Officials announce initiative for cancer treatment statewide
BATON ROUGE - Tonja Mcmillan has been a hairstylist for nearly 20 years. But it was only eight months ago that a phone call changed her life.
“I was on my way to work, got a phone call. They just said 'your biopsy came back and it is cancer,’” said McMillan. “It took all I had just to make it to work.”
She had been diagnosed with stage-3 breast cancer.
“Once I got here, I went in the office with my business partner Jackie, and we just cried for a long time,” said McMillan.
Like many people with cancer, her doctor could have diagnosed her even sooner.
“She didn't say anything, so I didn't say anything. But had I said something, I would've started treatment earlier and it would've been at an earlier stage,” she continued.
Early diagnosis is one of the goals of the Department of Health's new initiative, Taking Aim at Cancer.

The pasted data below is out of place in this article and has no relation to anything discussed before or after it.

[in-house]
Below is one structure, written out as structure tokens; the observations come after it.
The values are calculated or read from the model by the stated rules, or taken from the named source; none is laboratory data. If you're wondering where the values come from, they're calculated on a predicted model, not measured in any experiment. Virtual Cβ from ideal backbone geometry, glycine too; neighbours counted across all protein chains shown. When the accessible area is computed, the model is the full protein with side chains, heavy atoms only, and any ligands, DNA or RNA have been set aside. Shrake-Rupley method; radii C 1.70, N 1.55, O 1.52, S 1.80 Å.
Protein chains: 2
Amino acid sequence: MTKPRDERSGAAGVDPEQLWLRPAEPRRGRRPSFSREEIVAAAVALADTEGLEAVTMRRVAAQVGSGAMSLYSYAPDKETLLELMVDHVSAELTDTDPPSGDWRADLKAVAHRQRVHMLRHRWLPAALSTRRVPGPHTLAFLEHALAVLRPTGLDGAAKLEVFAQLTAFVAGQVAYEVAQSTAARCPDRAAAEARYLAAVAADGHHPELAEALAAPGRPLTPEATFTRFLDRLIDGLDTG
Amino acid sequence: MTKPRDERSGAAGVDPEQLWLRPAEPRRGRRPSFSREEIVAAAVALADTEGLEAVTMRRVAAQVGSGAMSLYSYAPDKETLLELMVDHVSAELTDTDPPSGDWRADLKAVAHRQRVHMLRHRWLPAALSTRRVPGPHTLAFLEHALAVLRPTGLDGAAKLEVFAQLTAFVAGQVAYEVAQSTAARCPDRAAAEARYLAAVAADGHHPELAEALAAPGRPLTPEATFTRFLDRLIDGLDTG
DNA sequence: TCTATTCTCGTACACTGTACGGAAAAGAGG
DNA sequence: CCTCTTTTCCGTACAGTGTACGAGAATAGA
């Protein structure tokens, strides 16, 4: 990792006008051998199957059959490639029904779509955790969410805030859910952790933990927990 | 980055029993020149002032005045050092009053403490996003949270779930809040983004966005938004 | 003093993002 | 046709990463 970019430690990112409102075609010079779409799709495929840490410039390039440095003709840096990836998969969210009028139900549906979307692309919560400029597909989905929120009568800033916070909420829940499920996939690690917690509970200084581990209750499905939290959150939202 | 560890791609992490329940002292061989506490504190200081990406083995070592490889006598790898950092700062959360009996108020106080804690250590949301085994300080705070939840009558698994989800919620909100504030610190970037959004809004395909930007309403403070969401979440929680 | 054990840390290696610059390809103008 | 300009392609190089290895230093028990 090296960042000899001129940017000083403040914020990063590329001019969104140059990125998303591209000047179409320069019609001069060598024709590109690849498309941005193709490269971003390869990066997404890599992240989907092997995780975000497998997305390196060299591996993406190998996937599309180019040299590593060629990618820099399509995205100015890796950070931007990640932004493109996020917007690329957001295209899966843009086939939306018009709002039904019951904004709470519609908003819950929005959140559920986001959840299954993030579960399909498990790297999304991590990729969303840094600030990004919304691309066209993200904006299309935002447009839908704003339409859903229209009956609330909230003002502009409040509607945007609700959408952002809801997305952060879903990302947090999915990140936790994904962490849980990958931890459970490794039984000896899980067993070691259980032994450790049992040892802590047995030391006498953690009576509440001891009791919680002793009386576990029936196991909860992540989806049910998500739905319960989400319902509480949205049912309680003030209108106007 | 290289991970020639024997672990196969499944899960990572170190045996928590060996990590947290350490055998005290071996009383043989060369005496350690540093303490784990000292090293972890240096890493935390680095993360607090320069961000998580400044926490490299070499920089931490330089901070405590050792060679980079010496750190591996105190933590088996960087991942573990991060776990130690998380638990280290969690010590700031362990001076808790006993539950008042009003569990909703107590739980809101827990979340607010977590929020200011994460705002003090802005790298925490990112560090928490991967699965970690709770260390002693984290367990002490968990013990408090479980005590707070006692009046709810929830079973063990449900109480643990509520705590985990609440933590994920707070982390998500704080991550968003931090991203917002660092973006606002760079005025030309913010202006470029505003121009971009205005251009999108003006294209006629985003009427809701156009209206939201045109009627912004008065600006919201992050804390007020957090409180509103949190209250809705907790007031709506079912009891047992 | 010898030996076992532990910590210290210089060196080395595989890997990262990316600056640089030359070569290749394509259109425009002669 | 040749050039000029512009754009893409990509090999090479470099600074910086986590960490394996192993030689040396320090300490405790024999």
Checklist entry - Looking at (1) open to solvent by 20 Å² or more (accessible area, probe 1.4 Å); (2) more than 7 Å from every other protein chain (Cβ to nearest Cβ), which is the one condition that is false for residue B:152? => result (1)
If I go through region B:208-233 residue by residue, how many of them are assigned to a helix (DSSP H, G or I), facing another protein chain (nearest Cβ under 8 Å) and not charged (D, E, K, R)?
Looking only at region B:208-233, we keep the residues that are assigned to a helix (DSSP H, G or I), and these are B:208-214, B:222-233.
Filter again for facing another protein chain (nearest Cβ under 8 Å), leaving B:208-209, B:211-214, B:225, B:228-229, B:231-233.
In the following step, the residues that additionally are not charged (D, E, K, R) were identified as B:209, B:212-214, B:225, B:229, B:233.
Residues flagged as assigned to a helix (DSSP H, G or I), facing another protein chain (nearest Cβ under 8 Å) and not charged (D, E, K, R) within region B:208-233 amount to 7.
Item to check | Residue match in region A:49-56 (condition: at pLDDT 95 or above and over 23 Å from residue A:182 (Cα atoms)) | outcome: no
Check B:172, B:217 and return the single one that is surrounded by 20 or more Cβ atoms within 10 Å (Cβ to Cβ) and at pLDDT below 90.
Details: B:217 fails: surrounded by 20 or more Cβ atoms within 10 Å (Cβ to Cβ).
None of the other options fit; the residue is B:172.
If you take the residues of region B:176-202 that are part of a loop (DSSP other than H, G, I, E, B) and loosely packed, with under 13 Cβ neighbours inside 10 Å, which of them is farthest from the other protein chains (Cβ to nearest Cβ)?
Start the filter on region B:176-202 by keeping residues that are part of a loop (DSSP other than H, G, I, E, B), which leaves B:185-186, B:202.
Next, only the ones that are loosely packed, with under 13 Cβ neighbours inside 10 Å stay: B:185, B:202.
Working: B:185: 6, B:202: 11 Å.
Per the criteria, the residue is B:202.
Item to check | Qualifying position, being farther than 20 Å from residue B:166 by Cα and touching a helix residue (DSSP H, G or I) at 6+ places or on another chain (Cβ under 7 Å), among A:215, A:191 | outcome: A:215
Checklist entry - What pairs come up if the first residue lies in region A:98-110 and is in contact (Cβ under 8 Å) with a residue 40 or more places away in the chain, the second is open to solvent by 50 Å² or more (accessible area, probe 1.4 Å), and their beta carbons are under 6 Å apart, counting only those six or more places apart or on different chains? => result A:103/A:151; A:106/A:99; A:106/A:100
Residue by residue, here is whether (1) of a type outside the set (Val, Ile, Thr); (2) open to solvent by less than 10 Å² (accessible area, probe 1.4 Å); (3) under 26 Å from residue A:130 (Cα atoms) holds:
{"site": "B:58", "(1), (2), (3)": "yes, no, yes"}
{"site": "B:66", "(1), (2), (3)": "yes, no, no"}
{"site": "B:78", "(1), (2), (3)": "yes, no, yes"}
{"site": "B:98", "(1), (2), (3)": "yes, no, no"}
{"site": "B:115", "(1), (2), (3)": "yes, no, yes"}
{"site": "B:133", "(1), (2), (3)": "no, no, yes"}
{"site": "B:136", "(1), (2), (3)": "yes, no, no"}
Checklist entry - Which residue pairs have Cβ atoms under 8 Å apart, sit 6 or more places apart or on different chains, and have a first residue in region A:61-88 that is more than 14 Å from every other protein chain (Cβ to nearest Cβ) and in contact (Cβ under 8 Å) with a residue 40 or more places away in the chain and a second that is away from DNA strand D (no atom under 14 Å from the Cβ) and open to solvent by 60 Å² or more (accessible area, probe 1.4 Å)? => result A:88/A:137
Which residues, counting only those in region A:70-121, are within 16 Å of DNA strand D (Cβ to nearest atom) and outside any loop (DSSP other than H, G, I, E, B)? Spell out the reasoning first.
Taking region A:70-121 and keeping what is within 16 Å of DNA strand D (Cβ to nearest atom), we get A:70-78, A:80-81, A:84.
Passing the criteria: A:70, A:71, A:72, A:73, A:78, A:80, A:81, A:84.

Governor John Bel Edwards joined the state’s healthcare stakeholder as they discussed moving forward with the initiative.
“Tens of thousands are being screened now and receiving diagnosis much earlier in the disease stage so that they can be more effectively treated, in terms of treating the cancer, but also in terms of the cost of the treatment,” Edwards said.
With a $500,000 grant from United Health Foundation, healthcare providers statewide will work together to improve outcome and decrease racial disparities.
The secretary of the Louisiana Department of Health, Dr. Rebekah Gee, says the initiative will have healthcare providers statewide analyze data and initiate changes that may ultimately lead to fewer people dying of cancer.
“Looking at payer data... Where are the costs of care high? Where are people getting diagnosed late? What have they done? And this is helping us today with all these break-out groups. They've brought it all together to say, 'Here's the picture of cancer care for this state,'” Gee said.